Growing up, I was sometimes a girly-girl, who loved wearing frilly dresses and tiaras and playing with an endless array of Barbie dolls. I had no brothers, and all my friends were girls since I attended an all-girls school.
I remember always wishing for an older brother, or at least having the opportunity to attend a co-ed institution. My only experience with what guys were expected to be like was through movies and television shows.
So, my thoughts about my personal life were basically me imagining a highly romanticized version of a Prince Charming who I’d end up meeting in the future. Or at least an attractive, witty, smart, kind and thoughtful guy who managed to walk the fine line of treating me like a princess, while challenging my worldview at the same time.
In terms of what I imagined being friends with boys would be like, I imagined them to be protective, kind, loyal and willing to beat up anyone who broke my heart. Essentially, my male friends would take the place of the big brother figure I so craved while growing up!
My experience studying at Creighton was my first proper encounter with male friendships in general. While the quest for my Prince Charming is halted for now, I do enjoy my male friendships since they help enrich my life and provide me with a whole new perspective.
This brings me to the point of this op-ed. A perpetual question that has been often asked in our heteronormative culture is whether or not men and women can be friends? I thought drawing on my own experience, I’d attempt to answer this question myself.
In the all-time classic romantic comedy “When Harry Met Sally” the two main characters Harry and Sally engage in a debate about whether men and women can truly cultivate platonic friendships. While Sally thinks men and women can be friends, Harry vehemently disagrees. He utters the classic dialogue, “no man can be friends with a woman he finds attractive, he always wants to have sex with her.” Basically, the argument goes: the ever-present element of attraction and romantic tension tends to stop a man and woman from truly being friends.
I definitely believe, after having branched out my social circle, that guys and girls can be friends. Whether or not attraction is present between the two parties is absolutely irrelevant. A person could find an opposite-sex friend attractive, acknowledge it and just not do anything about it. Or it could be that there just doesn’t have to be attraction present in the first place. In either instance, it is possible to just prioritize the platonic dynamic over a potential physical or romantic arrangement.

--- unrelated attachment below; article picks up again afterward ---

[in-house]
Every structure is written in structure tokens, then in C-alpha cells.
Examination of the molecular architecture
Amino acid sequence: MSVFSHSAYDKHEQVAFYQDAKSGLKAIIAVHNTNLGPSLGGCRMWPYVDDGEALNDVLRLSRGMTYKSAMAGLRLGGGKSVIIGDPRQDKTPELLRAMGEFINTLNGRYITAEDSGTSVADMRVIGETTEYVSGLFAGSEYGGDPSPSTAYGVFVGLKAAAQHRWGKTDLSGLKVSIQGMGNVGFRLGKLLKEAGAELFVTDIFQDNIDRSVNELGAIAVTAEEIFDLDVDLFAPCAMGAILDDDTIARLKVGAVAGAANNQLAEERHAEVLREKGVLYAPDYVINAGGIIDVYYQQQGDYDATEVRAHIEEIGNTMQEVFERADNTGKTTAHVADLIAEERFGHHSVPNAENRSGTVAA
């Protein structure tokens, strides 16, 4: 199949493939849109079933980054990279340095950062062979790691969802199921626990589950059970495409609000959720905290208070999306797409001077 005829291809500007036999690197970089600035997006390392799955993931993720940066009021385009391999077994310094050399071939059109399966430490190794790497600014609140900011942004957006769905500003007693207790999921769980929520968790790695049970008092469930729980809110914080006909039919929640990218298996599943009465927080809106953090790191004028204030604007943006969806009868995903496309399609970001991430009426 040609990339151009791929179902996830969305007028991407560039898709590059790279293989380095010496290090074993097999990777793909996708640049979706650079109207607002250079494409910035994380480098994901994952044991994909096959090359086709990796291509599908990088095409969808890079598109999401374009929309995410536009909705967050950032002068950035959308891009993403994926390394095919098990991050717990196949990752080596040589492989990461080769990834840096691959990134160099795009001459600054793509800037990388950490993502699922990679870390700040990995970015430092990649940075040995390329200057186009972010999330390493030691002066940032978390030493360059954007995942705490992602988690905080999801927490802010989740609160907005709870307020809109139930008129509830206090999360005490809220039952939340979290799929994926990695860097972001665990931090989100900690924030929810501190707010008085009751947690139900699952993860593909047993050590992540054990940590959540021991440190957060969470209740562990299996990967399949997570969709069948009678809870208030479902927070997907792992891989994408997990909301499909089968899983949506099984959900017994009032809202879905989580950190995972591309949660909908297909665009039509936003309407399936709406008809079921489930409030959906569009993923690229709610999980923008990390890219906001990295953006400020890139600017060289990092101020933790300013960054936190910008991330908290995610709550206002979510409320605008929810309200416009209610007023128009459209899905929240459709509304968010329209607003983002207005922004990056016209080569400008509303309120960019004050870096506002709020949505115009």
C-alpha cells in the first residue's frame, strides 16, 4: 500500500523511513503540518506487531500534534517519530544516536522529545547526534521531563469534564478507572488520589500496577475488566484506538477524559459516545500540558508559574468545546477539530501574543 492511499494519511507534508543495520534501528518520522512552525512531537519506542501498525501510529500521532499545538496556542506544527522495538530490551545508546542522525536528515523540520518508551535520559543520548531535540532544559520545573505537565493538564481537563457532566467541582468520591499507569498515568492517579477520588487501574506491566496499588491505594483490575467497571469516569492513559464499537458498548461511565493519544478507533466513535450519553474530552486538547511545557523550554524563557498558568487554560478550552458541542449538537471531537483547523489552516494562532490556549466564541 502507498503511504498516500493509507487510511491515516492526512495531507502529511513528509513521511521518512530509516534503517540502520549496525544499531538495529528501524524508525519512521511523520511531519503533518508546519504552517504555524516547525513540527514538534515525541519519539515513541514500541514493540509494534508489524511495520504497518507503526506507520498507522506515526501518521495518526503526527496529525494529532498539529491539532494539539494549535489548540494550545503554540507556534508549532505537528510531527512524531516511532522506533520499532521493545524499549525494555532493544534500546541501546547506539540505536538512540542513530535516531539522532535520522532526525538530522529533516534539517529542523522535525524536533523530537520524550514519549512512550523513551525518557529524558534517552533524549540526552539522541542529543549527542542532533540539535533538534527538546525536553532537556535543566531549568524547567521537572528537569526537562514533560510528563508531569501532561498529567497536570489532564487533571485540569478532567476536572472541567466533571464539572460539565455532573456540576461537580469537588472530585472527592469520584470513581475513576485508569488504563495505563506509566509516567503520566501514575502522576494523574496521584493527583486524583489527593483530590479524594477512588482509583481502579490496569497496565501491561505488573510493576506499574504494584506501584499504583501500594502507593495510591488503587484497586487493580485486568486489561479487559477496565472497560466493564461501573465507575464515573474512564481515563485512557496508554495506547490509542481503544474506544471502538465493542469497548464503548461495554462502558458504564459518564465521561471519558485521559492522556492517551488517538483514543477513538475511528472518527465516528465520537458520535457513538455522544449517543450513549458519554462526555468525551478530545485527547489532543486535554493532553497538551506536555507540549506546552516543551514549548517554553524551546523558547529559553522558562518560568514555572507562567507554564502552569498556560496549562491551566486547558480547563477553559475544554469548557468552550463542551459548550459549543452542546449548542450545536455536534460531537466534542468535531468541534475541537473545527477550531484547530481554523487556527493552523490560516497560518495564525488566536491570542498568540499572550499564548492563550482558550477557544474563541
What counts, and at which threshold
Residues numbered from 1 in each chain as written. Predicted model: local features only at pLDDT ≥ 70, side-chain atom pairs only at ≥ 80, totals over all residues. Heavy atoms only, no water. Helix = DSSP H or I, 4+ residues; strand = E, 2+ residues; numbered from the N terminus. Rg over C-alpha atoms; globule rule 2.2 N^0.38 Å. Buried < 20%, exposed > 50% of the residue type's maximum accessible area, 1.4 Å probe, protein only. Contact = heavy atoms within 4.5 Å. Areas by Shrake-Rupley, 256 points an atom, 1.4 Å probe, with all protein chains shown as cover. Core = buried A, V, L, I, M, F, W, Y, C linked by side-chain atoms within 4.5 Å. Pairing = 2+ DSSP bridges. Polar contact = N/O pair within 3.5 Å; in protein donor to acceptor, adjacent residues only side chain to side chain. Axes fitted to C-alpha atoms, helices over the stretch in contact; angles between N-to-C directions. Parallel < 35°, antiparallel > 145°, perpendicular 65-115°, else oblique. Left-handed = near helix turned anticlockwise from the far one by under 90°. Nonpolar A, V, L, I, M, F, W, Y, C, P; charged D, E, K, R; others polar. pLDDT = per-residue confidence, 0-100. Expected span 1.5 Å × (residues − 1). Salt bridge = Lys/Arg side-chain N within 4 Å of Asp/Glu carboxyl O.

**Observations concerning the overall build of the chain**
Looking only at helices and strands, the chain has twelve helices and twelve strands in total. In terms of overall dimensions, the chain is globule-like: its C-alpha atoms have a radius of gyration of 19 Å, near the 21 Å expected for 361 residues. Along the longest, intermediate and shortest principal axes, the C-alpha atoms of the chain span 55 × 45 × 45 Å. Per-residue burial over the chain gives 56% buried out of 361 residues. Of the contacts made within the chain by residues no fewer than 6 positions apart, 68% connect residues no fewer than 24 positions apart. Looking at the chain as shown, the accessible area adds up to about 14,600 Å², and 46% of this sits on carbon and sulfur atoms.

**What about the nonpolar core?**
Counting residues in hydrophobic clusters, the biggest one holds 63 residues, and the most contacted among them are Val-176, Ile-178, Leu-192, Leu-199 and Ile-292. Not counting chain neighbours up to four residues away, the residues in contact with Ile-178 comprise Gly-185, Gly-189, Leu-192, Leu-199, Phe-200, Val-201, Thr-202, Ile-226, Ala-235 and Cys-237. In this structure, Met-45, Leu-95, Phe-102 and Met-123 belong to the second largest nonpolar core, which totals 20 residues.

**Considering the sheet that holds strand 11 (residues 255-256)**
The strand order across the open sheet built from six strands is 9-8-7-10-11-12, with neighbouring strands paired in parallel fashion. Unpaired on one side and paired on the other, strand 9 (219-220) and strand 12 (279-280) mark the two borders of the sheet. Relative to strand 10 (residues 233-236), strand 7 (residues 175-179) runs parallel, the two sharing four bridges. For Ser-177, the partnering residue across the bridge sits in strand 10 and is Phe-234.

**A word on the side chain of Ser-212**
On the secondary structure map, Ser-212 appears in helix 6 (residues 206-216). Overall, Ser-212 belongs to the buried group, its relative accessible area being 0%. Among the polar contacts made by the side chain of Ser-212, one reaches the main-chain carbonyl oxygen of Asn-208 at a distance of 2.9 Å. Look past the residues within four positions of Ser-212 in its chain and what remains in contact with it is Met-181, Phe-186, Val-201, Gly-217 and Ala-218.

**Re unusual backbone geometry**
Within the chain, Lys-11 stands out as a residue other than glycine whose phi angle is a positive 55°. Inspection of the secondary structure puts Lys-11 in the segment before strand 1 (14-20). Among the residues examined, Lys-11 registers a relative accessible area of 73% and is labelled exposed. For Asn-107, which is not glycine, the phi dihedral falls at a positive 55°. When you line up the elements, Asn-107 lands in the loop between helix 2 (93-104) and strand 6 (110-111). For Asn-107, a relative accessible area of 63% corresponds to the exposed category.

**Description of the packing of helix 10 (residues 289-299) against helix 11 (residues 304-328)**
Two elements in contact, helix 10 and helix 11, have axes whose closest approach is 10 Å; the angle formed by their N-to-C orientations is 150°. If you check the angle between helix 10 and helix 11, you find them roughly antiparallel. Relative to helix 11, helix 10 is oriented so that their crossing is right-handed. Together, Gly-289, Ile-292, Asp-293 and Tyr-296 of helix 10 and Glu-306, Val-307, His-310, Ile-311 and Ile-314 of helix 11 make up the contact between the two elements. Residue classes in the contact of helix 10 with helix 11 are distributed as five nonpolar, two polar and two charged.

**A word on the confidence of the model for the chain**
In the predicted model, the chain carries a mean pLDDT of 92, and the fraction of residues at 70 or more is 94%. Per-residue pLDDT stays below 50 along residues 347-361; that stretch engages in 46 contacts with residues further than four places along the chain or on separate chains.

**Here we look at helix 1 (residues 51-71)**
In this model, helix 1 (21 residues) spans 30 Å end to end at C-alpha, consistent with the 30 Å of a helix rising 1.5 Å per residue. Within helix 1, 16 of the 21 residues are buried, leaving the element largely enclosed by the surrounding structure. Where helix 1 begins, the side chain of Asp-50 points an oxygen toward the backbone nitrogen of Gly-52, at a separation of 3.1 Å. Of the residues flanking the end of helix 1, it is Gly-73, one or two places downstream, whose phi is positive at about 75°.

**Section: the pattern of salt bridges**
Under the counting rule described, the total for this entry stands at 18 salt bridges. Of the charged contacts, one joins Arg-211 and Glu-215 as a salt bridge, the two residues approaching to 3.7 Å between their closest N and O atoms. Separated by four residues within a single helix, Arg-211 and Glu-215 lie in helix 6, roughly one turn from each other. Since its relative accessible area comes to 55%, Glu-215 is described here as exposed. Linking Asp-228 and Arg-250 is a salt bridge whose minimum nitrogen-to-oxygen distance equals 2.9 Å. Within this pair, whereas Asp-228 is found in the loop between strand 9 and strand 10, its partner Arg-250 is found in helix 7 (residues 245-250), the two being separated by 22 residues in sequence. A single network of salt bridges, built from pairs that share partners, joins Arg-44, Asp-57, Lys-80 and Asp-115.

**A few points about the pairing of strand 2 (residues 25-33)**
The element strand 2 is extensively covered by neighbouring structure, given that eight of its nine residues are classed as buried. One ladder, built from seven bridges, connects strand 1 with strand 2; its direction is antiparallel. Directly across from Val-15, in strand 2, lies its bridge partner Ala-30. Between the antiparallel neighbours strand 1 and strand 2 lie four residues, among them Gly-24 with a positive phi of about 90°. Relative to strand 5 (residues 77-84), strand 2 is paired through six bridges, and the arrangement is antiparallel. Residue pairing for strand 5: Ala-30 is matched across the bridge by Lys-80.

Male-female friendships are a joy to behold and should be seen as such. Since males and females are socialized to have different perspectives, I have found that many of my best discussions have been with my male friends. My constant tendency of viewing the world with rose colored glasses means I am often at odds with their practical grounded perspective, and am also often out-numbered!
But never once have I not felt heard or respected or valued while speaking my mind. I am teased all the time, but I am loved and protected by my guy friends every step of the way.
Every time I go out with someone, the people I ask first for their opinion are my friends since they usually give the best advice, as they understand the guy’s side of things as well. Do I take the advice? Probably not, but that gives them the satisfaction of telling me they told me so; it’s a win-win situation!
Can it be frustrating to be challenged on every opinion? To feel sometimes like we belong to two completely different worlds? To be teased for wearing flowers in my hair and bringing fancy hats on camping trips? To have the guys I date be judged under a microscopic lens? It definitely can be!
But unfortunately, as annoying as it is admit, their fond teasing does help me grow. Thanks to my friends, I now know how to set up a tent, throw a punch, not let things get to me easily and learn to stand up for myself.
And at the end of the day, I love having guys as friends! My male friendships ended up being better than what I imagined they would be. For all their rough and tough exteriors, they are all secret softies, even if they don’t want to admit it!
And since I know they read my articles, and I’m sure they’ll have a ton of opinions on this one as well, all I want to say is: men and women definitely can be friends, and my dynamic with my own friends is a testimony to it. So, appreciate your opposite-sex friendships. To paraphrase the popular sitcom “Friends’” theme song, they’ll be there for you, because you’re there for them too!